Andrey Rublyov (Andrei Rublev) (1966) - Andrei Tarkovsky

Language: Russian / Italian / Tatar
Country: Soviet Union

Andreiv Rublev charts the life of the great icon painter through a turbulent period of 15th Century Russian history, a period marked by endless fighting between rival Princes and by Tatar invasions.

“Andrei Rublev is the most Russian of films, emblematic of what everyone finds so fascinating and so maddening in the way Russians do things”

"Prospective film makers still study Andrei Rublev today to see a master at work. While Tarkovsky’s use of lighting, fog and shadows are reminiscent of the Japanese master Akira Kurosawa, Tarkovsky adds his own genius in arranging dozens of actors and extras’ individual parts into a single, extended shot. The single shot scene involves the Tartars showing up to rape and loot another Russian village. Here Tarkovsky’s work did not escape controversy, as several animals were killed in the course of the filming, including a horse that was shot by the crew and then impaled on screen by a Tartar warrior.

In spite of Tarkovsky’s depiction of the Russian Orthodox Church and the boyars as cruel, we can see why Soviet censors cut twenty minutes from Andrei Rublev and almost banned the picture. The film is profoundly spiritual, anti-materialistic, and its heroes are all suspicious of worldly authority. After Tarkovsky completed filming in 1966, Soviet censors vacillated for five years on whether to permit the film to be shown at all. Finally, in 1971, they did allow it to be shown in the USSR. But the world did not get to see the film Tarkovsky envisioned, all 205 minutes of it, until 2004."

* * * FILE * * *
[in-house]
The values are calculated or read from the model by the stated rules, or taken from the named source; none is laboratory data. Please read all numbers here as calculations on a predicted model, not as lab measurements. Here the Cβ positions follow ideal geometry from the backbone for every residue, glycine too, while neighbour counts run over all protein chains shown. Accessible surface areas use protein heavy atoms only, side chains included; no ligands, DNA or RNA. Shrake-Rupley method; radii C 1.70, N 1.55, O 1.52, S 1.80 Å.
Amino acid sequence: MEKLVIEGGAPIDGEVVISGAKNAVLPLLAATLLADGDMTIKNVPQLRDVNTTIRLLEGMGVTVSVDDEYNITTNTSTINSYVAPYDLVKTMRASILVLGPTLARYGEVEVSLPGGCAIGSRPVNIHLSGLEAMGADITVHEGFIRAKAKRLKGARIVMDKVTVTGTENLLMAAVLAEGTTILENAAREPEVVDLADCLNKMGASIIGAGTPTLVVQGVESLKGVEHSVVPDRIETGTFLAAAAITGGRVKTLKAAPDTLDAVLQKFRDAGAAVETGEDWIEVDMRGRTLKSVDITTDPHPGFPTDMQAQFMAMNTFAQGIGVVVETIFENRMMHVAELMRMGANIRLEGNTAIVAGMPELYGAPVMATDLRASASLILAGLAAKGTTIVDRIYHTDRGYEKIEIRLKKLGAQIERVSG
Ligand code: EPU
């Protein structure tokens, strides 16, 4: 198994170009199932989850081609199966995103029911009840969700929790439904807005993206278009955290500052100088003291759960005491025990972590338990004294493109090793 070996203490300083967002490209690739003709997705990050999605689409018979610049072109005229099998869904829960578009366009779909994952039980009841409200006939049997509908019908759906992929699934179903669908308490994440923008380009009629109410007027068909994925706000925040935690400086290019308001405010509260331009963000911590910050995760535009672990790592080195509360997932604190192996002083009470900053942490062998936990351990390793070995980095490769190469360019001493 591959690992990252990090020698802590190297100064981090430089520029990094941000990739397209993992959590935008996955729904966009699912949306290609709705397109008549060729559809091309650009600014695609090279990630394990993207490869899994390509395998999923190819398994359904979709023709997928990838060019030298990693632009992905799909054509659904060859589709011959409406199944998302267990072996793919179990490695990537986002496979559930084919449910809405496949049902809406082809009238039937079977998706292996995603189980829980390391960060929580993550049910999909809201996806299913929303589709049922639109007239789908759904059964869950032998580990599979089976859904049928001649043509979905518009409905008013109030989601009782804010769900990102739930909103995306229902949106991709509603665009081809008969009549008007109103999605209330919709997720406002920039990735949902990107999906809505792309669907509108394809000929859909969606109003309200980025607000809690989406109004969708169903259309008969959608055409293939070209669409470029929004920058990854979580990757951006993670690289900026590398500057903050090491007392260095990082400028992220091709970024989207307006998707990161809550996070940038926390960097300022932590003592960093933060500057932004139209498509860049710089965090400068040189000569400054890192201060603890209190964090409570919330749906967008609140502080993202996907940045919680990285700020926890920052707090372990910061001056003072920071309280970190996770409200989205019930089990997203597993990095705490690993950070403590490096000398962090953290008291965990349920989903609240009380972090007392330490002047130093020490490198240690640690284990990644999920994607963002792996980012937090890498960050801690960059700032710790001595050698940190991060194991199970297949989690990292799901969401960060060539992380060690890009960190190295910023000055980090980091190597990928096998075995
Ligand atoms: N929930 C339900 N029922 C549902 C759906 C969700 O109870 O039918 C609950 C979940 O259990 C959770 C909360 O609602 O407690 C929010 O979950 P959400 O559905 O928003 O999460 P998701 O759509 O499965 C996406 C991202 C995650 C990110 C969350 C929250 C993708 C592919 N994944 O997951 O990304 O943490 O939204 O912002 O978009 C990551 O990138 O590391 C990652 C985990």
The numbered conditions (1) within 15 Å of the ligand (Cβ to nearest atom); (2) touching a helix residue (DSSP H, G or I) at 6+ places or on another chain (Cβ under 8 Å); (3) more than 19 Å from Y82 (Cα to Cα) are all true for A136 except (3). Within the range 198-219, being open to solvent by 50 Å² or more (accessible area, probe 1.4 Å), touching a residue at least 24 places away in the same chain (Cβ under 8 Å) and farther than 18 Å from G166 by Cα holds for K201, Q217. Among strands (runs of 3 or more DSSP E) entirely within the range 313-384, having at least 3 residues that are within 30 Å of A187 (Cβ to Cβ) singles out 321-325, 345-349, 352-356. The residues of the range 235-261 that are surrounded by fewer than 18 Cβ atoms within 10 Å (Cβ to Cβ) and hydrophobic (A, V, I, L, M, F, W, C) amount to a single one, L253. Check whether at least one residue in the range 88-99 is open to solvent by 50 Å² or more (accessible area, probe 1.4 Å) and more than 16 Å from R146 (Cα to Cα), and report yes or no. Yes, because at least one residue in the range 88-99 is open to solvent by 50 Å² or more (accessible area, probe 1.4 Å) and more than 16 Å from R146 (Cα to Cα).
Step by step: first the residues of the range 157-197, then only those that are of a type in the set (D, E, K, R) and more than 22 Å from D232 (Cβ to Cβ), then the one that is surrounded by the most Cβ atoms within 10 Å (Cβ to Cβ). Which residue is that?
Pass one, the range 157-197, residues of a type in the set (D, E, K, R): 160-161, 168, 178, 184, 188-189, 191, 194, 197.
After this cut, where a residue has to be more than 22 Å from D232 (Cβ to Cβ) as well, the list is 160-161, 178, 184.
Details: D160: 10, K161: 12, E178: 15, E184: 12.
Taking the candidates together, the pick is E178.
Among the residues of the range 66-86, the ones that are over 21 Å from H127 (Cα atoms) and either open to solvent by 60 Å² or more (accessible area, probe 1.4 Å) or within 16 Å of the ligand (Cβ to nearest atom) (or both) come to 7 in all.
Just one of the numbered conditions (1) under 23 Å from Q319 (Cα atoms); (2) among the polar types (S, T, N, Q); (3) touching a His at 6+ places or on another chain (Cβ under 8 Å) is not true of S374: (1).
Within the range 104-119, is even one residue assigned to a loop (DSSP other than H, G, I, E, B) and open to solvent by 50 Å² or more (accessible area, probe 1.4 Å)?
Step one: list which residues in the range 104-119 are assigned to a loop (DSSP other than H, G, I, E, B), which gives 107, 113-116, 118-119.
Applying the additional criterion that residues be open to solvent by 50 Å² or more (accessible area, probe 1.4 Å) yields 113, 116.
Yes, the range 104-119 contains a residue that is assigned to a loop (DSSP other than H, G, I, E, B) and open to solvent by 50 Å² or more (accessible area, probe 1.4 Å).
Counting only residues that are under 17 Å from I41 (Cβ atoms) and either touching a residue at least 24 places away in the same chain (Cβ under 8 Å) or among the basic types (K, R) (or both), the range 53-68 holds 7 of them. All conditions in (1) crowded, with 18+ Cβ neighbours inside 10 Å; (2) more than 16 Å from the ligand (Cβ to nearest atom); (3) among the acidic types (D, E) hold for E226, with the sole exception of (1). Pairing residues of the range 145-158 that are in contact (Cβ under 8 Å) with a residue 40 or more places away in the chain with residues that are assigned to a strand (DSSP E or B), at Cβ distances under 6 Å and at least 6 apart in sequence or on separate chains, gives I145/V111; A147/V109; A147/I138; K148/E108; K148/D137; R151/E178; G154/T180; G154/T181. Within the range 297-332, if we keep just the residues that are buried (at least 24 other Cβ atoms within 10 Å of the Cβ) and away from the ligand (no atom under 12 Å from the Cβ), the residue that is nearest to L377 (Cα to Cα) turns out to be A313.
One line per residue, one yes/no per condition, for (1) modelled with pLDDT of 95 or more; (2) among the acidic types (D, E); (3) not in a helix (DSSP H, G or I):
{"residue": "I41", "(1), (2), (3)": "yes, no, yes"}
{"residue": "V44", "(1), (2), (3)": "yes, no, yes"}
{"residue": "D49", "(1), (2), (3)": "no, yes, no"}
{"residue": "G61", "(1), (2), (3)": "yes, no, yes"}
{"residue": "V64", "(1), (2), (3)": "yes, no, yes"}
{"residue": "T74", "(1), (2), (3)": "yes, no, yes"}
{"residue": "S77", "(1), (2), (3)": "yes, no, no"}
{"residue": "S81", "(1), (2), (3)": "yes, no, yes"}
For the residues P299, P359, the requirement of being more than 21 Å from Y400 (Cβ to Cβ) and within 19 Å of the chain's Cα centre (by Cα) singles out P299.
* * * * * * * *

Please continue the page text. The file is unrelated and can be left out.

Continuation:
Beniakrik said...

At first- the movie is not a description of the life of saint Andrey Rublev , great iconographe of the Russian Orthodox Church, but a meditation about his work, his mission and the time when he lives. It's what says Tarkovsky himself.
The version of Criterion is complete,but of bad tecnical quality ( digital, HD not changes nothing to the fact!). There a really good version, restaured in Russia by the Mosfilm (2005) for a Blue ray- it's not so long as Criterion version but it is not important. I say this because I have seen the movie in France in 1966, in Moscow (complete) in 1971, and in France in 1989. The signification does not changes for little cuts of some minutes .
About the Russian Orthodox Church, in this movie, the depiction is those of a persecuted Church, but this fact may be understanded only by russian orthodox people .

fresh said...

where are subtitles for this please. i really do want to understand what is going on.

all the subs i have fund do not match this particular version.

any help will be greatly appreciated.

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